The potential of historical hydrology in Switzerland
- Oeschger Center for Climate Change Research (OCCR) and Institute of History, Section of Economic, Social and Environmental History (WSU), University of Bern, Bern, Switzerland
Abstract. Historical hydrology is based on data derived from historical written, pictorial and epigraphic documentary sources. It lies at the interface between hydrology and environmental history, using methodologies from both disciplines basically with the goal of significantly extending the instrumental measurement period with experience from the pre-instrumental past. Recently this field of research has gained increased recognition as a tool to improve current flood risk estimations when EU guidelines regulated by law the quantitative consideration of previous floods.1 Awareness to consider pre-instrumental experience in flood risk analysis seems to have risen at the level of local and federal authorities in Switzerland as well. The 2011 Fukushima catastrophe probably fostered this rethinking process, when pressure from the media, society and politics as well as the regulations of the International Atomic Energy Agency (IAEA) forced the authorities to reassess the current flood risk analysis for Swiss nuclear power plants. In 2015 a historical hydrological study was commissioned by the Federal Office for the Environment (FOEN) to assess the magnitudes of pre-instrumental Aare River flood discharges, including the most important tributaries (the Saane, Emme, Reuss and Limmat rivers). The results of the historical hydrological study serve now as the basis for the main study, EXAR (commissioned under the lead of FOEN in cooperation with the Swiss Nuclear Safety Inspectorate (ENSI), the Swiss Federal Office of Energy (SFOE), the Federal Office for Civil Protection (FOCP), and the Federal Office of Meteorology and Climatology (MeteoSwiss)), which combines historical and climatological analysis with statistical approaches and mathematical models with the goal of better understanding the hazards and possible interactions that can be caused by extreme flood events. In a second phase the catchment of the River Rhine will be targeted as well. More recently several local historical hydrological studies of smaller catchments have been requested by the responsible local authorities. The course for further publicly requested historical hydrological analysis seems thus to have been set. This paper therefore intends to discuss the potential of historical hydrological analysis, with a focus on the specific situation in Switzerland.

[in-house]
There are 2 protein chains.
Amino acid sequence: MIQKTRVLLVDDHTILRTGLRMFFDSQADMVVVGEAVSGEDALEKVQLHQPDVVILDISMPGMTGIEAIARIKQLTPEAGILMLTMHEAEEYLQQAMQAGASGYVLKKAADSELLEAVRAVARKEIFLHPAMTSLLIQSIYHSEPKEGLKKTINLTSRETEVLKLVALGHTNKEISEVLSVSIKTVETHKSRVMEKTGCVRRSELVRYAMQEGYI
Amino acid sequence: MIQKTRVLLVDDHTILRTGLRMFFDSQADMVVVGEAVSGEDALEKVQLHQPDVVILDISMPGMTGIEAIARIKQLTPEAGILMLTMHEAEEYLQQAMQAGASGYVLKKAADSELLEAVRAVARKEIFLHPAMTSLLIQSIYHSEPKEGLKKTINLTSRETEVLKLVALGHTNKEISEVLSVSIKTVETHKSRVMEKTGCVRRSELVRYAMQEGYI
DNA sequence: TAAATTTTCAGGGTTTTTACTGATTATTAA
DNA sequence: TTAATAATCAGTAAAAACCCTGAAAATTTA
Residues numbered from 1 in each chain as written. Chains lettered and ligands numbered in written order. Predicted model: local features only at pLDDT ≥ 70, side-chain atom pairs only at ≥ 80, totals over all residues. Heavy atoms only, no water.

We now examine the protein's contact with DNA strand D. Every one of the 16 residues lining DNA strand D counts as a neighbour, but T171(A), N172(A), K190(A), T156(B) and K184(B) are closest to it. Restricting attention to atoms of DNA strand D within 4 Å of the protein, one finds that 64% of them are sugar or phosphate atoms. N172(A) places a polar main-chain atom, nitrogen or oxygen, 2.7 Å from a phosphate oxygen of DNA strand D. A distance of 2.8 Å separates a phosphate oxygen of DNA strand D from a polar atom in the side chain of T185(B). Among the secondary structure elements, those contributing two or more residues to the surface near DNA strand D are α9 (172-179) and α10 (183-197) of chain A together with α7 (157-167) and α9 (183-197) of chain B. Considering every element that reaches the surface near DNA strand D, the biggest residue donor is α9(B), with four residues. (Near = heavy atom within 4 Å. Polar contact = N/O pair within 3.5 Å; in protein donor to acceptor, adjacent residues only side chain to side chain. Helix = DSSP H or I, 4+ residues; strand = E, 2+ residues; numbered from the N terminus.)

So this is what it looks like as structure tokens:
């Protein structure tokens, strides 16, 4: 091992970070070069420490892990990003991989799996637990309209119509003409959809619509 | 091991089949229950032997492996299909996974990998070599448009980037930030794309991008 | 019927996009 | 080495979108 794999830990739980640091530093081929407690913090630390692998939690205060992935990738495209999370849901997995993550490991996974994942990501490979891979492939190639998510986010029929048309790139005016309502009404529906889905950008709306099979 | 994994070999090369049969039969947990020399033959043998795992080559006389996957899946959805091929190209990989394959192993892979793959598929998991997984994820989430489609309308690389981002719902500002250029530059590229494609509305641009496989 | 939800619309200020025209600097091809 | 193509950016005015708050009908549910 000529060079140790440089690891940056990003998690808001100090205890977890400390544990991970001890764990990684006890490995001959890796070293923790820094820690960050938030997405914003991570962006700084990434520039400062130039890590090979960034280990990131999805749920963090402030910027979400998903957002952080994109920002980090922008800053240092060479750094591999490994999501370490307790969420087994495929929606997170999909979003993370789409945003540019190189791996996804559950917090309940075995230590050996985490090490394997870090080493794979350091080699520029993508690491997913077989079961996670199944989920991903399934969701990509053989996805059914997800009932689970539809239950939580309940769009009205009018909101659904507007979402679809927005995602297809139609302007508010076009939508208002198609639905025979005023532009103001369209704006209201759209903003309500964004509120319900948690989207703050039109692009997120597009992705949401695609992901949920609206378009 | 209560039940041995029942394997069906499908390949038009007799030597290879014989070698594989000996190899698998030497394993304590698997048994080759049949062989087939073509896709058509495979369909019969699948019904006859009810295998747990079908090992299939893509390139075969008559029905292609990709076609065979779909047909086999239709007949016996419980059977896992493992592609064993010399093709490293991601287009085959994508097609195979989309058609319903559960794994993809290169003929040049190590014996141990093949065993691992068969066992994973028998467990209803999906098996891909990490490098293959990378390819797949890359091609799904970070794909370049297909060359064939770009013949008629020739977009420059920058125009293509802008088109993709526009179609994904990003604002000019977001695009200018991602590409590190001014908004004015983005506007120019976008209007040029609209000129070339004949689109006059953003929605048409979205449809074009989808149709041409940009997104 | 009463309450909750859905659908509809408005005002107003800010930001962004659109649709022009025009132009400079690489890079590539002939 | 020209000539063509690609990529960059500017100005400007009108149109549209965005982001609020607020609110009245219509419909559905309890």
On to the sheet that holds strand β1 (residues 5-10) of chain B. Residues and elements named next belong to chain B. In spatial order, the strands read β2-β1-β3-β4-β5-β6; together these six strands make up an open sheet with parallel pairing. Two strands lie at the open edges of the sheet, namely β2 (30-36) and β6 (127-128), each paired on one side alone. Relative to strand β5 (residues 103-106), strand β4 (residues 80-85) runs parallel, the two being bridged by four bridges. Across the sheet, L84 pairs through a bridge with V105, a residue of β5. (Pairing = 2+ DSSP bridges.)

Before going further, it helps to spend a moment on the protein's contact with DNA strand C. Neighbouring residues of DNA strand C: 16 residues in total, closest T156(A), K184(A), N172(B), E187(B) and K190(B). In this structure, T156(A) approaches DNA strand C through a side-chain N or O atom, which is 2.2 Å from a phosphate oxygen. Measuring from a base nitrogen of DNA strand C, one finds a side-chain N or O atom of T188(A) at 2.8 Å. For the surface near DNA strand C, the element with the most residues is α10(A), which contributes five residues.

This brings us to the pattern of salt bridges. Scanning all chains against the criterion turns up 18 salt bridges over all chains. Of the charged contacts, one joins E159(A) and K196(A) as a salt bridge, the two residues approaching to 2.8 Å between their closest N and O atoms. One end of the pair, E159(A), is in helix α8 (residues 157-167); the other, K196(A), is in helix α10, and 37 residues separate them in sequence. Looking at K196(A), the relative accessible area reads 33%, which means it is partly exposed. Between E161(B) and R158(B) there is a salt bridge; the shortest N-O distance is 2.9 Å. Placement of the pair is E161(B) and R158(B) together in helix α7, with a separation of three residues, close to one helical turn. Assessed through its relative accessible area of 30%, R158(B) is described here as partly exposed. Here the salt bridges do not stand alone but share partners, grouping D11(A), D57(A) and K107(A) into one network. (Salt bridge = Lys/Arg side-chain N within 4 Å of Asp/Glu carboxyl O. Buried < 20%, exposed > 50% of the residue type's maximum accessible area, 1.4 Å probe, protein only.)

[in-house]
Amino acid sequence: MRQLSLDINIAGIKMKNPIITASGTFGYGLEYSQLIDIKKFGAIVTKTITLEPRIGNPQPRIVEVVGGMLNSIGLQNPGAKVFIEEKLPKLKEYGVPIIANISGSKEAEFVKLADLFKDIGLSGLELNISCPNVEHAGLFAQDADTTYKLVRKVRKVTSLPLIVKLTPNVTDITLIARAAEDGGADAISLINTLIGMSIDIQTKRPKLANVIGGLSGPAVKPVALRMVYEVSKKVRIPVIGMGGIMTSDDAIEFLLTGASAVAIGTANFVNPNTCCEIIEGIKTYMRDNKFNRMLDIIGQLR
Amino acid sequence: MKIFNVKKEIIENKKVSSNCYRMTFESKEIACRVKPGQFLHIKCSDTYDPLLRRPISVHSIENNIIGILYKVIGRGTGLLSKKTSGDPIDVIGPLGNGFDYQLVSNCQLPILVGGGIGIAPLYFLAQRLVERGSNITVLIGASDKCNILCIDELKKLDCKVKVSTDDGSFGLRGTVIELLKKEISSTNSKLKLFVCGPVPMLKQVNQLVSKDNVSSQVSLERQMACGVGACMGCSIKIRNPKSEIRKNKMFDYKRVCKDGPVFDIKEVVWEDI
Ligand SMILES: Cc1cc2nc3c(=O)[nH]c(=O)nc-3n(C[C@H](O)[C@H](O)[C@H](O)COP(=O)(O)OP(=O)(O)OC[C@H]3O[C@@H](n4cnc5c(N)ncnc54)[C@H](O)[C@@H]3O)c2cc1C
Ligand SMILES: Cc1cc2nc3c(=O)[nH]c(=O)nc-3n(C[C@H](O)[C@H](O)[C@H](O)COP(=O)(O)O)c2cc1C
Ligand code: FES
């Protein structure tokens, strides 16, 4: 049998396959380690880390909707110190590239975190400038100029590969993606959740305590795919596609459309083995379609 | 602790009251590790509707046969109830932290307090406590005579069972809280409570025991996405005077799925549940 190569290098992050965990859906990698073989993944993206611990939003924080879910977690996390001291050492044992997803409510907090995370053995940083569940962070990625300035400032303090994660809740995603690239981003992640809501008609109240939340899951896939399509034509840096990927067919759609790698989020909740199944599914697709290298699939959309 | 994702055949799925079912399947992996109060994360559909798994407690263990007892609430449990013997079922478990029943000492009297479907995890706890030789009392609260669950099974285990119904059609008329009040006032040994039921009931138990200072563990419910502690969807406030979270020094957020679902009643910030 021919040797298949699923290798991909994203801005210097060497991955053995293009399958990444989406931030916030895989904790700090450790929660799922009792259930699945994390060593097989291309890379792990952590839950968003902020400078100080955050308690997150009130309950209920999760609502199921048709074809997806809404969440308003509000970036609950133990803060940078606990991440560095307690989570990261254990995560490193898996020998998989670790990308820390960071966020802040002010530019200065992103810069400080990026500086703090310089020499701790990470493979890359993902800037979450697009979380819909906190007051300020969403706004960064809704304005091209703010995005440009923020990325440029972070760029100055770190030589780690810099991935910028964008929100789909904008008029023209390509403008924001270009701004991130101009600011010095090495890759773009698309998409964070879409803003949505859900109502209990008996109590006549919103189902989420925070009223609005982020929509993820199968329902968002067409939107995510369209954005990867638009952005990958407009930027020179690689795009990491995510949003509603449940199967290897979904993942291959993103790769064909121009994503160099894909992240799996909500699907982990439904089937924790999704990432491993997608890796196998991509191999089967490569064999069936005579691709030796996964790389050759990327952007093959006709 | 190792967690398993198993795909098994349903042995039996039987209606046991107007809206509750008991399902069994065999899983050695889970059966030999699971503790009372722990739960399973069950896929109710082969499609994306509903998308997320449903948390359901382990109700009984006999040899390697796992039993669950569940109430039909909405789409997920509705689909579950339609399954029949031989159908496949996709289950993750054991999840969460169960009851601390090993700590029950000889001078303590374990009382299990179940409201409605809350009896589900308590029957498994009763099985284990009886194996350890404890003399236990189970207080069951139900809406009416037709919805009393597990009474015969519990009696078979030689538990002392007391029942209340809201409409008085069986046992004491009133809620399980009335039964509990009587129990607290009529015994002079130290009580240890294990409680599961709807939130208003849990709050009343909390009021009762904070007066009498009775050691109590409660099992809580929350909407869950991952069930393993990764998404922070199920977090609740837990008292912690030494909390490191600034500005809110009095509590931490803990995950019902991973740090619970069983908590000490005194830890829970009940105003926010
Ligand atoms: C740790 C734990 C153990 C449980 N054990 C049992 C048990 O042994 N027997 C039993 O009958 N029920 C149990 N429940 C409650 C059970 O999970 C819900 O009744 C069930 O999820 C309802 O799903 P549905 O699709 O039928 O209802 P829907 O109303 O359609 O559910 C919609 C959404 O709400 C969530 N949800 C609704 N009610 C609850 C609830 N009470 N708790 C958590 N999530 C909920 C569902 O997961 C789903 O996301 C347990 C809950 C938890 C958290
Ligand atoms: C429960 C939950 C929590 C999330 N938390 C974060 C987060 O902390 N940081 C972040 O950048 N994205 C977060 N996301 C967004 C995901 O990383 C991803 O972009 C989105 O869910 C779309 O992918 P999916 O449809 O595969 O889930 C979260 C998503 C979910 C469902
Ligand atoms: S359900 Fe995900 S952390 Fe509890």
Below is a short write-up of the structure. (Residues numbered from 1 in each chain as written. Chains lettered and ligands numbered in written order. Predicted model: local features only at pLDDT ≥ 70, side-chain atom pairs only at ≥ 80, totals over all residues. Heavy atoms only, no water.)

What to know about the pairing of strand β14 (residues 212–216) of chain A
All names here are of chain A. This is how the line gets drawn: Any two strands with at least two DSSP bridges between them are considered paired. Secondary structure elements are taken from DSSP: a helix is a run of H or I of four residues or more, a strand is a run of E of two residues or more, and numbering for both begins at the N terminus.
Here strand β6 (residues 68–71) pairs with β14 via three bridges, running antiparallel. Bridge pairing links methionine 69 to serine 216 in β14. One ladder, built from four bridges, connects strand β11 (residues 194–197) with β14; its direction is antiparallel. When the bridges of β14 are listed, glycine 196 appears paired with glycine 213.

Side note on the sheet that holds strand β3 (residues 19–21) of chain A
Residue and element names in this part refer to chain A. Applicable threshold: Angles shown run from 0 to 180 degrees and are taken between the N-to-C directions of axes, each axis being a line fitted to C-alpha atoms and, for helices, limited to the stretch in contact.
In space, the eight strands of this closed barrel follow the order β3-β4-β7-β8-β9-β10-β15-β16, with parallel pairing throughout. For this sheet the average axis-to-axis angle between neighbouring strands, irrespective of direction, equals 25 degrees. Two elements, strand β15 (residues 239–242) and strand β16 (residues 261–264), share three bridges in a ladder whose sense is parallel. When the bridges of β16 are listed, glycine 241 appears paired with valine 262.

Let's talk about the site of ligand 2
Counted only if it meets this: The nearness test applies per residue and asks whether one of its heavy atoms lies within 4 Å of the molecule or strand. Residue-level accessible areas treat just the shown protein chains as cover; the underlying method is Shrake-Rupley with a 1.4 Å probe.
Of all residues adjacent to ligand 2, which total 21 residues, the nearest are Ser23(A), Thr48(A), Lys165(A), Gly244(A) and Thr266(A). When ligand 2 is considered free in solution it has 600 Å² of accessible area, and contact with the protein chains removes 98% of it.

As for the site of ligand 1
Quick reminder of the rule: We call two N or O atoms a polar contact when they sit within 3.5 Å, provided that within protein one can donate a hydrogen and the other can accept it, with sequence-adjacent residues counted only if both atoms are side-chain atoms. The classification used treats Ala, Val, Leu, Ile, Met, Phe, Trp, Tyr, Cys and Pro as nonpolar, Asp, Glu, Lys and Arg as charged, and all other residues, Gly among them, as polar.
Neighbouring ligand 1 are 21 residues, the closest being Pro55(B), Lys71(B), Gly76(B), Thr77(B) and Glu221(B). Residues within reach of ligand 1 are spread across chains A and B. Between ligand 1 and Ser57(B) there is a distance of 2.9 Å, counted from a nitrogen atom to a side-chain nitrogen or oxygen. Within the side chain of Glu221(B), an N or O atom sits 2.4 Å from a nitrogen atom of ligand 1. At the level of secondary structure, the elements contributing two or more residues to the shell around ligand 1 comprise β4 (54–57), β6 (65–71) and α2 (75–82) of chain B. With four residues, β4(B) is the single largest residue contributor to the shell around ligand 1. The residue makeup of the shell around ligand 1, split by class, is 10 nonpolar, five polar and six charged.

1Guideline 2007/60/EG of the European Parliament and Council from 23 October 2007 on assessment and management of flood risks, Official Journal of the European Union, L 288, 27–34, Brussels, 2007.